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Should’ve worn eye protection…

February 8, 2014

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This patient was working on cutting copper wire without eye protection:

Ocular FB

 

On exam the patient had a small laceration just medial to the limbus in the scleral portion of the eye, no anterior chamber or corneal involvement.  He had a positive Seidel test (fluorcein stains vitreous green under blue light.  As the vitreous leaks out you can see green tinged fluid leaking from the area of concern). 

On CT there is a metallic fragment found in the posterior chamber indicative of a penetrating copper foreign body.  This is an ocular emergency and should prompt immediate evaluation by an ophthalmologist!

Author:  Russell Jones, MD

 

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I think I got stabbed in the eye…

January 18, 2014

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Patient presented after an altercation.  He thinks he got stabbed in the eye with a “razor blade or a pencil.”  Eye was swollen shut and unable to be opened due to significant edema:

Pencil orbit 1 Pencil Orbit 2

This patient has a radioopaque foreign body just lateral to the globe.  It is penetrating into the posterior orbital fossa but doesn’t appear to be causing proptosis or retrobulbar hematoma.  It does indeed look like a pencil!

Author:  Russell Jones, MD

Image Contributor:  Ken Kelley, MD

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LeFort would cringe…

December 14, 2013

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Motorcycle accident:

CT face 2 CT face 3 CT face...

CT face 3D

This patient has severe facial trauma, comminuted fractures of most (if not all) of his facial bones, a ruptured right globe. 

A review of facial fractures including the LeForte classification, courtesy of the University of Washington:

Facial Fractures

Image Contributor:  Julie Phan, MD

Author:  Russell Jones, MD

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Ruptured globe…

May 4, 2013

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Fight broke out at the local prison and this man was shot in the face with a rubber bullet…

Ruptured globe 5Ruptured globe 4Ruptured globe 3Ruptured globe 2Ruptured globe 1

The “brain” weighting CT (first figure) shows a ruptured globe with hemorrhage into the orbit.  The remainder of the figures are in “bone” weighting and show various fractures:

  1. Sagittal view of a comminuted fracture of the ethmoid sinus (medial orbital wall)
  2. Sagittal view of a comminuted fracture of the maxillary sinus (inferior orbital wall)
  3. Sagittal view of a posterior orbital fracture
  4. Coronal view re-demonstrating the ethmoid and maxillary sinus fractures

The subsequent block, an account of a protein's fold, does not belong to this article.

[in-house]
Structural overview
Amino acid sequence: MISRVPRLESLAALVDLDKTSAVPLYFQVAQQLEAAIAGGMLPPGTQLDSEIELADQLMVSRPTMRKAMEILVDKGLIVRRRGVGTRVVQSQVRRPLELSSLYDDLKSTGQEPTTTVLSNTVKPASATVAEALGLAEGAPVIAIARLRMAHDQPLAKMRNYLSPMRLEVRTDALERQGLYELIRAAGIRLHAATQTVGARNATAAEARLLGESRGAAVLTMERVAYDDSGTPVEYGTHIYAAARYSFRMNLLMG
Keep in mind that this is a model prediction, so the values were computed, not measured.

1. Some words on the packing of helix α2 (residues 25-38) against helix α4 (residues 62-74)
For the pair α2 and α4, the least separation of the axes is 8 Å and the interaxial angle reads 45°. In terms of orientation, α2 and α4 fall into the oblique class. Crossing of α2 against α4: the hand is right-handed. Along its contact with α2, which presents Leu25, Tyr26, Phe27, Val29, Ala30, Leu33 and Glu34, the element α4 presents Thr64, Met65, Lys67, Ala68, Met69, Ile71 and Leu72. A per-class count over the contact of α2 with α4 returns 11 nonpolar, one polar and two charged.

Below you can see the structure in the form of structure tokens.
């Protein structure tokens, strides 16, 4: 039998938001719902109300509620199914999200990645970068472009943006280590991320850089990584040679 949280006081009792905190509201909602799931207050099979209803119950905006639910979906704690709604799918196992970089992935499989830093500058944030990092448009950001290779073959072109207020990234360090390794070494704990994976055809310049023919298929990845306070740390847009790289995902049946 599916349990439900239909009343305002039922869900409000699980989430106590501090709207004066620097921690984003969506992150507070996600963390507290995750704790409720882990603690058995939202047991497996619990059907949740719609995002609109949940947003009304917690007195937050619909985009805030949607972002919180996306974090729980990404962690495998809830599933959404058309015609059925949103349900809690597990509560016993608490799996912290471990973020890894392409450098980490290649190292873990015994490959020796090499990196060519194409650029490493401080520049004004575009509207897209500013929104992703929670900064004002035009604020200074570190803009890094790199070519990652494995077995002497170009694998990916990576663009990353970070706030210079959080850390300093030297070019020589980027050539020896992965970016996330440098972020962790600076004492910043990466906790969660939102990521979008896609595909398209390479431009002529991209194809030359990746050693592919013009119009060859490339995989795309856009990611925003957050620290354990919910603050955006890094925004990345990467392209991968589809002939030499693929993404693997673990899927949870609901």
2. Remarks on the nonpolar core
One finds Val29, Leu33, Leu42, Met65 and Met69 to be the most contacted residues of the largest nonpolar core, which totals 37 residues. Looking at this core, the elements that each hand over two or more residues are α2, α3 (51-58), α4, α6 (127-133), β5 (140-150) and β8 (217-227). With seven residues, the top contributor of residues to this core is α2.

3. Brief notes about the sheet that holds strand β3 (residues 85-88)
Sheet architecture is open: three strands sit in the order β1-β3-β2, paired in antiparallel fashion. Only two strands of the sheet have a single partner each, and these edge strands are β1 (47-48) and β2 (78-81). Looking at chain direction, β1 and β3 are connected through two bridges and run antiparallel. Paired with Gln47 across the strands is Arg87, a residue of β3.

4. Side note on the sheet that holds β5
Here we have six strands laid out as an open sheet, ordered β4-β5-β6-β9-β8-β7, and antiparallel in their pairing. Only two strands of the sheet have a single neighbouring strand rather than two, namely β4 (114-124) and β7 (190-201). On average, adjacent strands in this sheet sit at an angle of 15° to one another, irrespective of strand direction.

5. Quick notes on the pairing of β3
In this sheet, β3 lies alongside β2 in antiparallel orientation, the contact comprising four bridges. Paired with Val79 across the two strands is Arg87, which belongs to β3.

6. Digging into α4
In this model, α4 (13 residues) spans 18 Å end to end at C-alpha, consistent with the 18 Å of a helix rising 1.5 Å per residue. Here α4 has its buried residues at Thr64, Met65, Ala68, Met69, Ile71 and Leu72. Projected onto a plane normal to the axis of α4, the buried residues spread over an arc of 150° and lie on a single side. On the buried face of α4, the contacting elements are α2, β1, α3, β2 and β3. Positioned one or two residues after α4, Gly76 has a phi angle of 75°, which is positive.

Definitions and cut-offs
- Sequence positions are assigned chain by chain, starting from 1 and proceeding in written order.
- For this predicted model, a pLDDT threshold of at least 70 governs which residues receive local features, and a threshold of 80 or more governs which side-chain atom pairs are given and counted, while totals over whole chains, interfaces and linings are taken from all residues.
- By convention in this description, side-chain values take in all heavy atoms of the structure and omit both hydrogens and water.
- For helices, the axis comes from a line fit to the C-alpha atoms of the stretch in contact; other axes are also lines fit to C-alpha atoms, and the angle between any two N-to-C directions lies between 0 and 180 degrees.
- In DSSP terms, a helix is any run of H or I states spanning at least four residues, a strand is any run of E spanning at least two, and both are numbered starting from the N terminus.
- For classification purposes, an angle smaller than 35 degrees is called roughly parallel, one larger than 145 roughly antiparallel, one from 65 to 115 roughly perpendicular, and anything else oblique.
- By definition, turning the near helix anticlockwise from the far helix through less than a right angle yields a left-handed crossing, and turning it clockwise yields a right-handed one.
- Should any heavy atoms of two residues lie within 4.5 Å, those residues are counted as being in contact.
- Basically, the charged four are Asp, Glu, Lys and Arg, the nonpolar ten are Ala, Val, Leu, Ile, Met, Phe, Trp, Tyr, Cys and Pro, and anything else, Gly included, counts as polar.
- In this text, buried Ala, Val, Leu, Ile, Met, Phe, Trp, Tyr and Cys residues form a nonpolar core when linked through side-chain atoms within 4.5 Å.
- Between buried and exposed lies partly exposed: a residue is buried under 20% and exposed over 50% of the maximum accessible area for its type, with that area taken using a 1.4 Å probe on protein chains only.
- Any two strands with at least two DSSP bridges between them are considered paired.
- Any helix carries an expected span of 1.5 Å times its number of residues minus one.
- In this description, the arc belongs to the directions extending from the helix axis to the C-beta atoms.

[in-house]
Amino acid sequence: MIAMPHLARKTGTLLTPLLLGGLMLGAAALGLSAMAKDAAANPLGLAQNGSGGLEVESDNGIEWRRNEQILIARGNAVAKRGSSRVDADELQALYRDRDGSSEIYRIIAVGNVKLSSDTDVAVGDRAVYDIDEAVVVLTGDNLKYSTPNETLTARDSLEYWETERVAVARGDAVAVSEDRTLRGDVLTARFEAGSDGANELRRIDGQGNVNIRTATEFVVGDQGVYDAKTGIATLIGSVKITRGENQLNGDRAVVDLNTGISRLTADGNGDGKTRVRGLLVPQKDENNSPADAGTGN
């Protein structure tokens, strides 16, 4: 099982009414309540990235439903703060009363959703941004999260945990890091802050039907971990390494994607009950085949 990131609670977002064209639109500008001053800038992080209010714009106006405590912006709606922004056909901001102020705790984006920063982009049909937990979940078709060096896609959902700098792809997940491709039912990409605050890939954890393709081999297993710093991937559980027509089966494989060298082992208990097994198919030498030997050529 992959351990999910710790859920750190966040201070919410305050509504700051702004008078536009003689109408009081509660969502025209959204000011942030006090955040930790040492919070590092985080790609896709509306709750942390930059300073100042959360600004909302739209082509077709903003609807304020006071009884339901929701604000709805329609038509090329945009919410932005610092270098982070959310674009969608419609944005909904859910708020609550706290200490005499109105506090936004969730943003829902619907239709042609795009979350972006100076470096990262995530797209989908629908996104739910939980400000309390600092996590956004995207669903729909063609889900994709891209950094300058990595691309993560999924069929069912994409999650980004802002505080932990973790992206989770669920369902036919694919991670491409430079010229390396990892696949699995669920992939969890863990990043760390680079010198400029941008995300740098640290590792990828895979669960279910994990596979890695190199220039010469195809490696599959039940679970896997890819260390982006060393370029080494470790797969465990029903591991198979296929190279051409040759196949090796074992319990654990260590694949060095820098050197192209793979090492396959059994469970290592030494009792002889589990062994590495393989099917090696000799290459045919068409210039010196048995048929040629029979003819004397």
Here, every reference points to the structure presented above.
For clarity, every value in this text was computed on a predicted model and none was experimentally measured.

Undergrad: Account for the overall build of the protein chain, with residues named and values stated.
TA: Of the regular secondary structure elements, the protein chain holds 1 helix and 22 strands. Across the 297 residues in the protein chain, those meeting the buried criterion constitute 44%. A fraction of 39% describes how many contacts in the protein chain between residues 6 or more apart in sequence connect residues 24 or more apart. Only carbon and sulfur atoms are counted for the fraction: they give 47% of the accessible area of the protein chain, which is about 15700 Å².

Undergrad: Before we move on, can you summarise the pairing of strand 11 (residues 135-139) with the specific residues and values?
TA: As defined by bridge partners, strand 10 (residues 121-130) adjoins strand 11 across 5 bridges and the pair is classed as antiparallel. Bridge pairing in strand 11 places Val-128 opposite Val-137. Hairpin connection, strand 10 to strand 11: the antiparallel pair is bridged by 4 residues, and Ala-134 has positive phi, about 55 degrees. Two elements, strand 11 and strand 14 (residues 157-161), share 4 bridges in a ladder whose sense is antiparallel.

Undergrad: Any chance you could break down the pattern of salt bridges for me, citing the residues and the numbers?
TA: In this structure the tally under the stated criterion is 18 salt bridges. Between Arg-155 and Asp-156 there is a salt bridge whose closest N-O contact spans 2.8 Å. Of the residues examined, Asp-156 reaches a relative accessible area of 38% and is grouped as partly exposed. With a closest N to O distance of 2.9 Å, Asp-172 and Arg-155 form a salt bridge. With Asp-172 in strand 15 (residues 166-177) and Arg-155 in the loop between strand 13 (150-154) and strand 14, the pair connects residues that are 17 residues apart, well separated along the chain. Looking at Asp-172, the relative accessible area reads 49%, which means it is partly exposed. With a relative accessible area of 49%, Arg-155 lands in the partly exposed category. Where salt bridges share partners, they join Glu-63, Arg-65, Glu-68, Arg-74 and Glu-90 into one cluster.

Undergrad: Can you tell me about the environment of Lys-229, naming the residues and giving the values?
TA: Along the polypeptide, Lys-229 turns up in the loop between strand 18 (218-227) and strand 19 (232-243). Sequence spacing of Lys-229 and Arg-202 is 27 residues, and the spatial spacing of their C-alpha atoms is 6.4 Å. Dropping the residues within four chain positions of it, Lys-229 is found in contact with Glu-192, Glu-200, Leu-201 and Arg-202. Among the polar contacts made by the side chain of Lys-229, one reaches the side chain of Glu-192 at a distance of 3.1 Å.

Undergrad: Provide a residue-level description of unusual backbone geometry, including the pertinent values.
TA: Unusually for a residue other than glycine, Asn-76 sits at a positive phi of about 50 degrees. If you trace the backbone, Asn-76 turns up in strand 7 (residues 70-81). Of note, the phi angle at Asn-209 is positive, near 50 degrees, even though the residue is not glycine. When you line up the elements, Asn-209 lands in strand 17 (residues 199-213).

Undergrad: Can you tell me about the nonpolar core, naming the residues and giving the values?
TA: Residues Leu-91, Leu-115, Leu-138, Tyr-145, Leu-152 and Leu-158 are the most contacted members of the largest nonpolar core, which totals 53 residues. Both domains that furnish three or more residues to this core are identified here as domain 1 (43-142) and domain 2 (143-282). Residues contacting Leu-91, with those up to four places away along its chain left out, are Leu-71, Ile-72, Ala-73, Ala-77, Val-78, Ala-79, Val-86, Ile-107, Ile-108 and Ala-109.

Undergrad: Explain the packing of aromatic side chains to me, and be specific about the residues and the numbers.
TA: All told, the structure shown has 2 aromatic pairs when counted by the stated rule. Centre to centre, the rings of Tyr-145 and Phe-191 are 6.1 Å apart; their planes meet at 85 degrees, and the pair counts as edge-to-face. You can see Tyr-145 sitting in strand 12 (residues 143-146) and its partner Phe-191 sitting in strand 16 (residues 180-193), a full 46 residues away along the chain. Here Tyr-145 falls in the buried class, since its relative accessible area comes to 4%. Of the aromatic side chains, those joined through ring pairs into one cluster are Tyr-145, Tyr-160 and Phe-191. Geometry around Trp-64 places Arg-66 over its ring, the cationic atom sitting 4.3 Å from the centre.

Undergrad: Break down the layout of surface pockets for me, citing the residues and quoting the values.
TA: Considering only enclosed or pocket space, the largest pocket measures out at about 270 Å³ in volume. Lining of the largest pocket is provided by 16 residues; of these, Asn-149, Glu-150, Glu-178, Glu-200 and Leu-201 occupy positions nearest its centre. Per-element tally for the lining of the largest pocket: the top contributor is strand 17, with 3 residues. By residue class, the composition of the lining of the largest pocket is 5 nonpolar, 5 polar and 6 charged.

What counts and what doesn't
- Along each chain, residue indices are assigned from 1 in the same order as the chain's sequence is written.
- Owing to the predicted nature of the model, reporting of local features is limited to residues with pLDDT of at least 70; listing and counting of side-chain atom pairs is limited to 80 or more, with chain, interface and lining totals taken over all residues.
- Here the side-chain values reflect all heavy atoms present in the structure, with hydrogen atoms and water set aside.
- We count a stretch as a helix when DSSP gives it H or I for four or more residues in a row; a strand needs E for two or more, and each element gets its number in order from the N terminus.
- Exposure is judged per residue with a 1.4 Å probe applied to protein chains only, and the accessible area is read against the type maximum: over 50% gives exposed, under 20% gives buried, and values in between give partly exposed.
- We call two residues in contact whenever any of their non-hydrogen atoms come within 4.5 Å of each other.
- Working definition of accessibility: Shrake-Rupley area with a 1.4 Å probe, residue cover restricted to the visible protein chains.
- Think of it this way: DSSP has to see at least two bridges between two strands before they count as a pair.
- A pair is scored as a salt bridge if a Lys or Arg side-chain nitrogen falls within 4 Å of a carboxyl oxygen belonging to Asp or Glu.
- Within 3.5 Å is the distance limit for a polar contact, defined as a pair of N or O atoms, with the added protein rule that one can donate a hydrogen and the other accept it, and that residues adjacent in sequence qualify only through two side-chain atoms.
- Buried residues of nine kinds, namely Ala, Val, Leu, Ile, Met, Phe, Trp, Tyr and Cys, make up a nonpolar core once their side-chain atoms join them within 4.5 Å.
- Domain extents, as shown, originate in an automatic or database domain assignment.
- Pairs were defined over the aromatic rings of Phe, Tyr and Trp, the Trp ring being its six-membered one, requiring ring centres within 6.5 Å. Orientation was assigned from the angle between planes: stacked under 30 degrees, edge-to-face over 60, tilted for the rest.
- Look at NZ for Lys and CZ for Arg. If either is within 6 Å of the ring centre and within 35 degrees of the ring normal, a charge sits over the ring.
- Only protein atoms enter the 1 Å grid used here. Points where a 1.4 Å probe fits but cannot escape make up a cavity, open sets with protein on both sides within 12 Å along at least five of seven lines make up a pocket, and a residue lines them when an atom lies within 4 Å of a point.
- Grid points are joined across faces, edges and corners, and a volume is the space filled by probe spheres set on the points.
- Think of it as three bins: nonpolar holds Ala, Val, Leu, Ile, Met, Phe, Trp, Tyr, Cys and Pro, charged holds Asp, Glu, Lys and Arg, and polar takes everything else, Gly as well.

This poor fellow ended up losing his eye and going back to prison.

Author:  Russell Jones, MD

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Mandible fracture

February 8, 2013

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We’ve all seen it…the dude that had two beers after church and got jumped by a couple guys while he was minding his own business.

Mandible fx 1Mandible fx 2Mandible fx 3Mandible fx 4

This Facial CT demonstrates several comminuted fracture lines through the mandible.  CT imaging is highly sensitive and specific for mandible fractures and is the imaging-of-choice in most emergency departments.  Plain films can also be obtained but subtle fractures can be missed; the extent and characterization of the fractures is much better identified on CT.

Its always difficult in the minor facial trauma to know when to pull the trigger and order a CT of the face…especially in the current environment of questioning CT utilization.  Some clinical exam findings that would increase your suspicion of mandibular fracture include (1):

1.  The patient having subjective feeling that their “teeth don’t fit.”

2.  Malocclusion.

3.  Anesthesia of the upper lip or chin (mental nerve distribution).

4.  Pain or tenderness near the anterior ear, especially with mandibular range-of-motion.  This is concerning for mandibular condyle fracture but also could represent TMJ strain, sprain, or dislocation.

An obvious deformity, laceration of the gingival area (indicating an open fracture), or severe mechanism are high concerns for mandibular fracture and CT imaging should be considered.  The “tongue blade test” (have the patient bite down on a tongue blade with their molars on both sides.  Negative test if the patient is able to break the tongue blade) has a 95% sensitivity in excluding injury in a patient with mild jaw pain and no obvious injury or instability (1).

Author:  Russell Jones, MD

References

1.  Bailitz J.  Trauma to the Face.  In:  Tintinalli JE, Stapczynski JS, et al.  Tintinalli’s Emergency Medicine:  A Comprehensive Study Guide.  7ed.

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Orbital Cellulitis

November 21, 2012

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This is a facial CT from a patient seen the other day in pediatrics with orbital cellulitis:

This is an interesting CT for several reasons:

Image #1 shows all ethmoid sinuses are opacified with destruction of the anterolateral wall of the ethmoid sinus, the cause of the orbital cellulitis

Image #2 shows a large abscess formation in the superior portion of the orbit causing…

Image #3  a significant proptosis of the left eye

Image #4 shows a frontal view further identifying the abscess.

Clinically this patient had a very proptotic eye, angry red and swollen periorbital area to the point that it was difficult to get an ocular view. 

Author:  Russell Jones, MD

Image contributor:  Ali Naqvi, MD

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